Your anecdotes about treatments that work for you do not suggest there is anything wrong with the summary statistics quoted in the linked article (and many other places) that point to lack of evidence for the efficacy of many remedies. Nobody is claiming Big Pharma is always right or that no alternative remedy is effective; that is a straw man argument. The point being made is that in cases where the product has not been shown to be effective not enough is done about it, not that all products are ineffective.


While the title expresses Complementary as what is being discussed some of the post is about alternative medicine. These two types of medicines may often not have common ground. Do I expect that Rhino horn is useful as a treatment, not at all. In the regards of “Big Pharma” they are highly regulated and their products must have proof of effectiveness, this is not the case for alternative medicines/products… Hence why some of it may be Bullshit as expressed in the article.


The problem is that the TGA has a very close relationship with the pharmaceutical industry, and is not impartial. They are under direction from the Minister for Health as to how they handle matters. They are constrained and close in the same way as the ANZ food authority, the Financial Industry Ombudsman are in their respective areas.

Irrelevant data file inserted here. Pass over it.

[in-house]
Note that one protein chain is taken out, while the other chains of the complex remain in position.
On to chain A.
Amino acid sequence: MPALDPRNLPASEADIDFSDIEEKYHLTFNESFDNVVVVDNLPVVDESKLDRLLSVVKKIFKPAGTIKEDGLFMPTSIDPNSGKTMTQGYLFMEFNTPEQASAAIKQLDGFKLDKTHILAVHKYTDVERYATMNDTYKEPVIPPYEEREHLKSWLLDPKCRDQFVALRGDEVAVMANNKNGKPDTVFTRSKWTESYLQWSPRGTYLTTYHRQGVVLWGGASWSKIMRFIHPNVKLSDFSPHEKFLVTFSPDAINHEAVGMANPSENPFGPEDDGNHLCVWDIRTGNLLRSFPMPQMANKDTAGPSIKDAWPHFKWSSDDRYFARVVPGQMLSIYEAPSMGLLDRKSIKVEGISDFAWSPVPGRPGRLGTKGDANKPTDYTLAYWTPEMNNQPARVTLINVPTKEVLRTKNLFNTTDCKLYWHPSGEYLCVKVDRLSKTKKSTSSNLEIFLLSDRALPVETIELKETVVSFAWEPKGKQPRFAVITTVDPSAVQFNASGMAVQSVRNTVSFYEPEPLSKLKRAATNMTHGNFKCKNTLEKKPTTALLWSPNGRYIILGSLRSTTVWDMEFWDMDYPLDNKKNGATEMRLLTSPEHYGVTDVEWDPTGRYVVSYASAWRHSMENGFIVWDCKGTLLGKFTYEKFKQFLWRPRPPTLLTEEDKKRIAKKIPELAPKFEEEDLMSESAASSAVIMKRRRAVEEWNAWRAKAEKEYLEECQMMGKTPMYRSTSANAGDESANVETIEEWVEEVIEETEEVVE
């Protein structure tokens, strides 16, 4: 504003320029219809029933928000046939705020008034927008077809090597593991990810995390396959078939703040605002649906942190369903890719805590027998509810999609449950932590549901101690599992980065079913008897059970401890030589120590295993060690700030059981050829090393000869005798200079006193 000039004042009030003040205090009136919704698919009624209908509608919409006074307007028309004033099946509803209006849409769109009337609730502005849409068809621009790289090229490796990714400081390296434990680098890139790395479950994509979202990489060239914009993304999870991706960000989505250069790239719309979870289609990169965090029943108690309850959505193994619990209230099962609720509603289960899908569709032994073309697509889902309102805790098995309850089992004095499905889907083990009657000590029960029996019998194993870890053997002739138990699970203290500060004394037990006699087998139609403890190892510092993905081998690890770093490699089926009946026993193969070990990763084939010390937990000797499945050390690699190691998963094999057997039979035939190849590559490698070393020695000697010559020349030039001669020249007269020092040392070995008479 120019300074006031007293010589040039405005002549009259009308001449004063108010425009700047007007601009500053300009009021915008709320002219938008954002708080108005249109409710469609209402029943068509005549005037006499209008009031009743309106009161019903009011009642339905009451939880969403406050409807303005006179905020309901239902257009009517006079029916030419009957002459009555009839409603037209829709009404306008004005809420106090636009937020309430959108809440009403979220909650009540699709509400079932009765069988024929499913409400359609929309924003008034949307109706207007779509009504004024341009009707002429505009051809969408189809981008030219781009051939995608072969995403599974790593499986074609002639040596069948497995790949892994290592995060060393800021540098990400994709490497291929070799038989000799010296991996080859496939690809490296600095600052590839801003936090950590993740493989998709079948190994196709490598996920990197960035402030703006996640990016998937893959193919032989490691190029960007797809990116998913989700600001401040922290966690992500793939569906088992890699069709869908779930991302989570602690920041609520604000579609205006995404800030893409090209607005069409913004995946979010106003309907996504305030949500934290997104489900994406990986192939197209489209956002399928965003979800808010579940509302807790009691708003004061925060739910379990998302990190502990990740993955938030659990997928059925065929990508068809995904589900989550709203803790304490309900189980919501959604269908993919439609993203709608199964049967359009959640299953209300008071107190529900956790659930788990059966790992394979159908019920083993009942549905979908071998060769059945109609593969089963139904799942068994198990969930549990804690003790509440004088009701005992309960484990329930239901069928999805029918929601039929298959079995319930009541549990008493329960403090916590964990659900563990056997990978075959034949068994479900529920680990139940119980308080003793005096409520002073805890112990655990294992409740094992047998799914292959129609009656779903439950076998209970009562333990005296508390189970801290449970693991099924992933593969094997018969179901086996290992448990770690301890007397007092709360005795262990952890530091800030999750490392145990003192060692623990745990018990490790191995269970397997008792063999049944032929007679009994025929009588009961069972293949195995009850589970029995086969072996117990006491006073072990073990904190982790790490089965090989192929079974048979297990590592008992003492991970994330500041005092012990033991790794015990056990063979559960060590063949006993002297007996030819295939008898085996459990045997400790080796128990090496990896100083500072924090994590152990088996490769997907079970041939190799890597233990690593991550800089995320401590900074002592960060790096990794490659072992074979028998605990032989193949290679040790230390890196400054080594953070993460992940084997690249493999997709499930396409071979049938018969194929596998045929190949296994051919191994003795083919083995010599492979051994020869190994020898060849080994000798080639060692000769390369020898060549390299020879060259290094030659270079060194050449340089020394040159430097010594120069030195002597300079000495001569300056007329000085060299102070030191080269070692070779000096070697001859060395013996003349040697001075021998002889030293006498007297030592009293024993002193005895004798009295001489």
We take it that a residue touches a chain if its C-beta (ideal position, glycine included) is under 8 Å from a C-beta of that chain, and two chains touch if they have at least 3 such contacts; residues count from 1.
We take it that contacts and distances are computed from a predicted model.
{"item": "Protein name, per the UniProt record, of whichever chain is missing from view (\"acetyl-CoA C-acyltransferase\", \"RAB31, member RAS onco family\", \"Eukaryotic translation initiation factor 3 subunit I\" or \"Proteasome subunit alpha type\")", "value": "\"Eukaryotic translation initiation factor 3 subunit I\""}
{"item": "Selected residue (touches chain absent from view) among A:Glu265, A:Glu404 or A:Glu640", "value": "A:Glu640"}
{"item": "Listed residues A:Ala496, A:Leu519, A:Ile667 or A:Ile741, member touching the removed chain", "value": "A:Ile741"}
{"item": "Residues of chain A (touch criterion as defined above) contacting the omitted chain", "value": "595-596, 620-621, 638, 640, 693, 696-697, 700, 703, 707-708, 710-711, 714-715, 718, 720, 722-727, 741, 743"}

To get consumer representation, you need someone with passion who will try and balance out the influence of industry. Unfortunately, the consumer representative role is a lonely one and very tiring when you are beating you head against a brick wall meeting after meeting. I know because I have been in this role. Sometimes like King Canute, the consumer representatives see that the tide of decisions can not be stopped, and they don’t want their names to be linked to decisions they consider to be wrong. So they leave.

We should be giving consumer reps our hearty thanks for taking the time and effort to go time after time and bat on our behalf in what can be a very onerous job.


Did you know that there are no specific labelling requirements in relation to the origin of complementary medicines? You might worry about where your food comes from but what about your fish oil or vitamins? I’m not suggesting that any manufacturer can, or does, misrepresent the origin of their products. They simply don’t have to tell you.